Visiting Versailles in winter helps keep the crowds down, but the downside of it is that all of the statues were wrapped up to protect them from the weather. The topiaries and manicured shrubs were still pretty, but we felt like we missed out on a little bit of the atmosphere. If you’re very interested in the Versailles gardens, winter is not the time to visit.
If I ever come back in more pleasant weather, I could easily spend most of a day wandering the Versailles gardens. I’d love to get a rowboat and take it out on the lake and just relax in the sun and the beauty of the surroundings. However, the freezing drizzle that day made the gardens decidedly less enticing, so we walked back to the palace pretty quickly. I was fascinated to discover that my little sister apparently hates topiaries though, so it wasn’t completely unpleasant.
We did the palace tour, ate lunch, and visited the grounds in about four hours. I would budget most of a day to do it in better weather if you’re planning on exploring the gardens more thoroughly. After adding in the travel time to get to Versailles from Paris, it could easily be a full-day excursion. It would be perfect to do on the day the Louvre or Musee d’Orsay are open late because you can get back to Paris, eat dinner, and then go explore the art museums.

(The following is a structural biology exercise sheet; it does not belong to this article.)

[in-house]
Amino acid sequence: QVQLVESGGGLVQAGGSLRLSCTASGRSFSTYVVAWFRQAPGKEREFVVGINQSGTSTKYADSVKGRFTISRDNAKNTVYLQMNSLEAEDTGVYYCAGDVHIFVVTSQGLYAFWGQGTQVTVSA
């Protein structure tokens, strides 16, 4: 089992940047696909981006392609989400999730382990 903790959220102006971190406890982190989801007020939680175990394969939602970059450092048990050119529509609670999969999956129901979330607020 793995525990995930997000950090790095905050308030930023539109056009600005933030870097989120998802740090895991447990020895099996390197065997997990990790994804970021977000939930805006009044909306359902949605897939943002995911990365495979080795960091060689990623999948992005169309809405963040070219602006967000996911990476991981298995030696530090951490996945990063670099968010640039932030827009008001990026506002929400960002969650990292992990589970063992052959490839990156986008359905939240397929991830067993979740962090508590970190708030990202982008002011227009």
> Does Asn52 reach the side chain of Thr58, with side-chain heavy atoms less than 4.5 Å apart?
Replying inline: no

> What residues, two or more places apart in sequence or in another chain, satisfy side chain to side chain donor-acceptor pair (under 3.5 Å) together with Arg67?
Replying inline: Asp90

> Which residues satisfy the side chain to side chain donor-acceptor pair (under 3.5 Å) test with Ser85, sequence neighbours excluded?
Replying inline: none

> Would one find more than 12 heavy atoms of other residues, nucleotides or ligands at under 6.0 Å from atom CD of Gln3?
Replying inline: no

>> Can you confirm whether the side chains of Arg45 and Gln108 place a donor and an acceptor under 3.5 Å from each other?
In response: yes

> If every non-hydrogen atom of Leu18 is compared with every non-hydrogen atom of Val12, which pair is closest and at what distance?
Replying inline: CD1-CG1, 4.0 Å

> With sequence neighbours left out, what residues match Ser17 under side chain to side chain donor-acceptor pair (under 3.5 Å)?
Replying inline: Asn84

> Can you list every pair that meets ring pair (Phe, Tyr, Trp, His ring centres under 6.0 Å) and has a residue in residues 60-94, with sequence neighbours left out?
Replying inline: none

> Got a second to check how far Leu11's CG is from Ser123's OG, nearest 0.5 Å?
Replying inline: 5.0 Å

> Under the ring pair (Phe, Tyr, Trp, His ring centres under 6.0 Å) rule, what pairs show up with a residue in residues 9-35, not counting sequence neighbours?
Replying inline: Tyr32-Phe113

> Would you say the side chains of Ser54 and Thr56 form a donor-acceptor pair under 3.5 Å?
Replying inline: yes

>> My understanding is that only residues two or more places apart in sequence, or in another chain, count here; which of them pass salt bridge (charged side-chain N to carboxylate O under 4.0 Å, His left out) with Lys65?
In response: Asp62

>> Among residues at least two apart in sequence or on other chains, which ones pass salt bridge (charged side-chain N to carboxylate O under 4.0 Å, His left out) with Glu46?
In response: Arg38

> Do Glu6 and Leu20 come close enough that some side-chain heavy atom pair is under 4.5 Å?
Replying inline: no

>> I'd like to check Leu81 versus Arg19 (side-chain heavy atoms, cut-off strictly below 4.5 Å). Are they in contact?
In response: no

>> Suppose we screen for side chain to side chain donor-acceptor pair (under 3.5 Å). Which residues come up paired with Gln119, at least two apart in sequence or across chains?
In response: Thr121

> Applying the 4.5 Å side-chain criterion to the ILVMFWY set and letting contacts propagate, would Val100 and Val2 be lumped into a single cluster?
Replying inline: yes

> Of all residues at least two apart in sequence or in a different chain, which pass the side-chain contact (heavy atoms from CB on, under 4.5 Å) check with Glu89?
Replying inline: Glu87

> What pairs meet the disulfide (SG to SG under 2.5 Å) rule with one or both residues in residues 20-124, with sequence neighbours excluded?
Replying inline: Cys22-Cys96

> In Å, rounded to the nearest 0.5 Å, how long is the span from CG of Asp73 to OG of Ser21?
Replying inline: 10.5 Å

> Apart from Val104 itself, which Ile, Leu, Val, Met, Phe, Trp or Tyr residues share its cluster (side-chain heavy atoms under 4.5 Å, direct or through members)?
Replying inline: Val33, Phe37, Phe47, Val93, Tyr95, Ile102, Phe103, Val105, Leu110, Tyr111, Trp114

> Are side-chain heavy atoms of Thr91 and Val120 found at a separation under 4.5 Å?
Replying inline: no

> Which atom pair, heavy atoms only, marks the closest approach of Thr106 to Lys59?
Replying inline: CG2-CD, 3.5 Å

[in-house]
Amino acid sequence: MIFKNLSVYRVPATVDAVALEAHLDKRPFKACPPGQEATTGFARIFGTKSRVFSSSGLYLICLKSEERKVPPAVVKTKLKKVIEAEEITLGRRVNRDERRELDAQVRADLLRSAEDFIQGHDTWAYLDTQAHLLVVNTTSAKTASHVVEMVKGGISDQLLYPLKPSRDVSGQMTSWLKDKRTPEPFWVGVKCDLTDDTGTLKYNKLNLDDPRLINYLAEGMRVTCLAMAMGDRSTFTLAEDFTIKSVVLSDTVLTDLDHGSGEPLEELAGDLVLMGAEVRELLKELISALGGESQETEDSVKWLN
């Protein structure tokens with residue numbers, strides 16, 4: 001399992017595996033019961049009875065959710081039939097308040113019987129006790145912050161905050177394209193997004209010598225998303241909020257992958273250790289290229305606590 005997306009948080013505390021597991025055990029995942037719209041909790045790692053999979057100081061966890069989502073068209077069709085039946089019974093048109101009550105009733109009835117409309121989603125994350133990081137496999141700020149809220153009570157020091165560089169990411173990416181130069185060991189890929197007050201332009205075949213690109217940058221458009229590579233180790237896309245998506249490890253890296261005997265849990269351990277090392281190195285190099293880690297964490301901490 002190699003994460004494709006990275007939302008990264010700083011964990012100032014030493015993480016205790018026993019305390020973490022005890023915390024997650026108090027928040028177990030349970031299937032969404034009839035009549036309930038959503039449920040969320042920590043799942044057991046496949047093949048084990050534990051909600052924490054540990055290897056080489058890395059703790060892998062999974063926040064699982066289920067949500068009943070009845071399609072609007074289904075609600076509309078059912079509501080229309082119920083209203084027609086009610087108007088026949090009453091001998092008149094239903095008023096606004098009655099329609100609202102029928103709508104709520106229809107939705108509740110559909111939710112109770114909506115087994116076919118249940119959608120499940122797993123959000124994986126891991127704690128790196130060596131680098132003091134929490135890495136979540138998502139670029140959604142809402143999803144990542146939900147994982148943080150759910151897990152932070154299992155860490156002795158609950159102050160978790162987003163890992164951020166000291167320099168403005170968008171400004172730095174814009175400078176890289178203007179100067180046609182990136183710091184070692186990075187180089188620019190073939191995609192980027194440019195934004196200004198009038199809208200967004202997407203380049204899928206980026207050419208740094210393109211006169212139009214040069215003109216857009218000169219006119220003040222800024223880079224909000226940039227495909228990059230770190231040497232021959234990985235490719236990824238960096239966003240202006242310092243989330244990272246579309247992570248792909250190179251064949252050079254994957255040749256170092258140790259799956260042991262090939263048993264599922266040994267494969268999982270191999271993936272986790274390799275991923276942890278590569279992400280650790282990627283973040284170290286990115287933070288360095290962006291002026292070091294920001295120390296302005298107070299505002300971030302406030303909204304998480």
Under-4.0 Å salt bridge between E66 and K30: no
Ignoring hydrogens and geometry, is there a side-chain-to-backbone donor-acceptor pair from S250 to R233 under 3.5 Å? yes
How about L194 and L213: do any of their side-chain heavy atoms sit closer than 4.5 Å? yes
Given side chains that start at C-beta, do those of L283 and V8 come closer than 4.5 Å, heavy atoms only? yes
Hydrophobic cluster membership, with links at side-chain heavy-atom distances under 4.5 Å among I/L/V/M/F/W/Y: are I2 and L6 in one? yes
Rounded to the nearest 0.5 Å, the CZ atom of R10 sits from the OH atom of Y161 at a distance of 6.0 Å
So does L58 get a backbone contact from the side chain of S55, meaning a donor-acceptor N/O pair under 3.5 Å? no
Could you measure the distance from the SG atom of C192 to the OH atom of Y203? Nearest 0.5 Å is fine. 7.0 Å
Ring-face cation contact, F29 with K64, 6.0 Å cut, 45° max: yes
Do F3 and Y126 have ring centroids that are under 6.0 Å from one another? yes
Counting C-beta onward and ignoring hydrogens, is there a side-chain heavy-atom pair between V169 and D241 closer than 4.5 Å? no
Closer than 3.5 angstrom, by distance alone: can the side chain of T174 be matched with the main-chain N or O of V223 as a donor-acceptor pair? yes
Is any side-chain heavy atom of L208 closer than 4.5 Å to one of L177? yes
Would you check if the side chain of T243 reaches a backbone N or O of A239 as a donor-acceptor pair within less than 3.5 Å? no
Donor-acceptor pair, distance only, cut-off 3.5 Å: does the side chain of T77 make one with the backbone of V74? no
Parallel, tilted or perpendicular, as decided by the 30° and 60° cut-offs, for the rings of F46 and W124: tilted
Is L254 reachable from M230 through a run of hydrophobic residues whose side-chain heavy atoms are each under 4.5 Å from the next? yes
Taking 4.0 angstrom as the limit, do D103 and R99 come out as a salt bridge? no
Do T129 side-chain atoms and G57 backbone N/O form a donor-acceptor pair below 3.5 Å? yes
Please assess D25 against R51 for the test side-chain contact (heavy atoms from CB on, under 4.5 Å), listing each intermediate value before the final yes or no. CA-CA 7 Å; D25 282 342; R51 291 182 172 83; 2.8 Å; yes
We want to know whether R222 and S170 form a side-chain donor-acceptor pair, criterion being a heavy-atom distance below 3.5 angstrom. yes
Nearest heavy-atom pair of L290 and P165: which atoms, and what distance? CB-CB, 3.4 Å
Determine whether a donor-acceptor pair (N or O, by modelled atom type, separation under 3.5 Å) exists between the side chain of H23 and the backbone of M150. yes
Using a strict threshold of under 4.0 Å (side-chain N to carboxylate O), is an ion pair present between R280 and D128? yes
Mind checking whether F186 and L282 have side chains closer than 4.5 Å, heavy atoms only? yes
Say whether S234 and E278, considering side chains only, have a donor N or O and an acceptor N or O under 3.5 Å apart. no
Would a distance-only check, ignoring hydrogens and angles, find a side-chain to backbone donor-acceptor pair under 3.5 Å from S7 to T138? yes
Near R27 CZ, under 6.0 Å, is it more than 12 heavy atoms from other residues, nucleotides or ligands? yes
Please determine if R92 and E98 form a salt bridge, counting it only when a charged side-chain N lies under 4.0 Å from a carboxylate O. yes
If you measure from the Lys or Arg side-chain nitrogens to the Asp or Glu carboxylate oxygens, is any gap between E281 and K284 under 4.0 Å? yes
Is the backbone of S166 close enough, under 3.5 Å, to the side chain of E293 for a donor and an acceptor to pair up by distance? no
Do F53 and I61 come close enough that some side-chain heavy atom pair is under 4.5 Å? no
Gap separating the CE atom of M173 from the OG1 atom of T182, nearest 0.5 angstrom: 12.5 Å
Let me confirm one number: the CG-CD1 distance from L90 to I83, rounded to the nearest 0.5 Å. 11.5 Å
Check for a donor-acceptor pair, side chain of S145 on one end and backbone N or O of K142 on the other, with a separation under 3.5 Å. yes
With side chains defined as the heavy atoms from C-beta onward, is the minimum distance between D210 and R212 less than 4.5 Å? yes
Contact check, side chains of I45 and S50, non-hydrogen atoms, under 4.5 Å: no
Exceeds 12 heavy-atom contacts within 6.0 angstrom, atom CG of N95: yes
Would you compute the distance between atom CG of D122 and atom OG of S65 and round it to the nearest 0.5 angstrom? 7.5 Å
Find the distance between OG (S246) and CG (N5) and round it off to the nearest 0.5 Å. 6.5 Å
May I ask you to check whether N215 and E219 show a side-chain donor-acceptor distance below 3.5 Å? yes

If you’re visiting Versailles in the winter, don’t forget these items:
- A travel umbrella in case you run into rain like we did.
- A packable down jacket – it’ll keep you warm outside in the gardens without being too bulky for inside the palace.
- Warm, waterproof boots. I’m obsessed with these (The pattern I have has been discontinued, but the black and white is sharp too.) because they’re waterproof and warm and ankle height and not hideous. They’re basically the perfect winter travel shoe and now that I’m writing about them I kind of want to order three more pairs in case they stop selling them all together so I’ll have enough to last me a few decades.
Check out more great things to do in Paris here:
- The Best Time to Visit the Eiffel Tower
- 3-Day Paris Power Itinerary
- Is the Paris Museum Pass Worth it?
- Sainte Chappelle: Paris’ Hidden Gem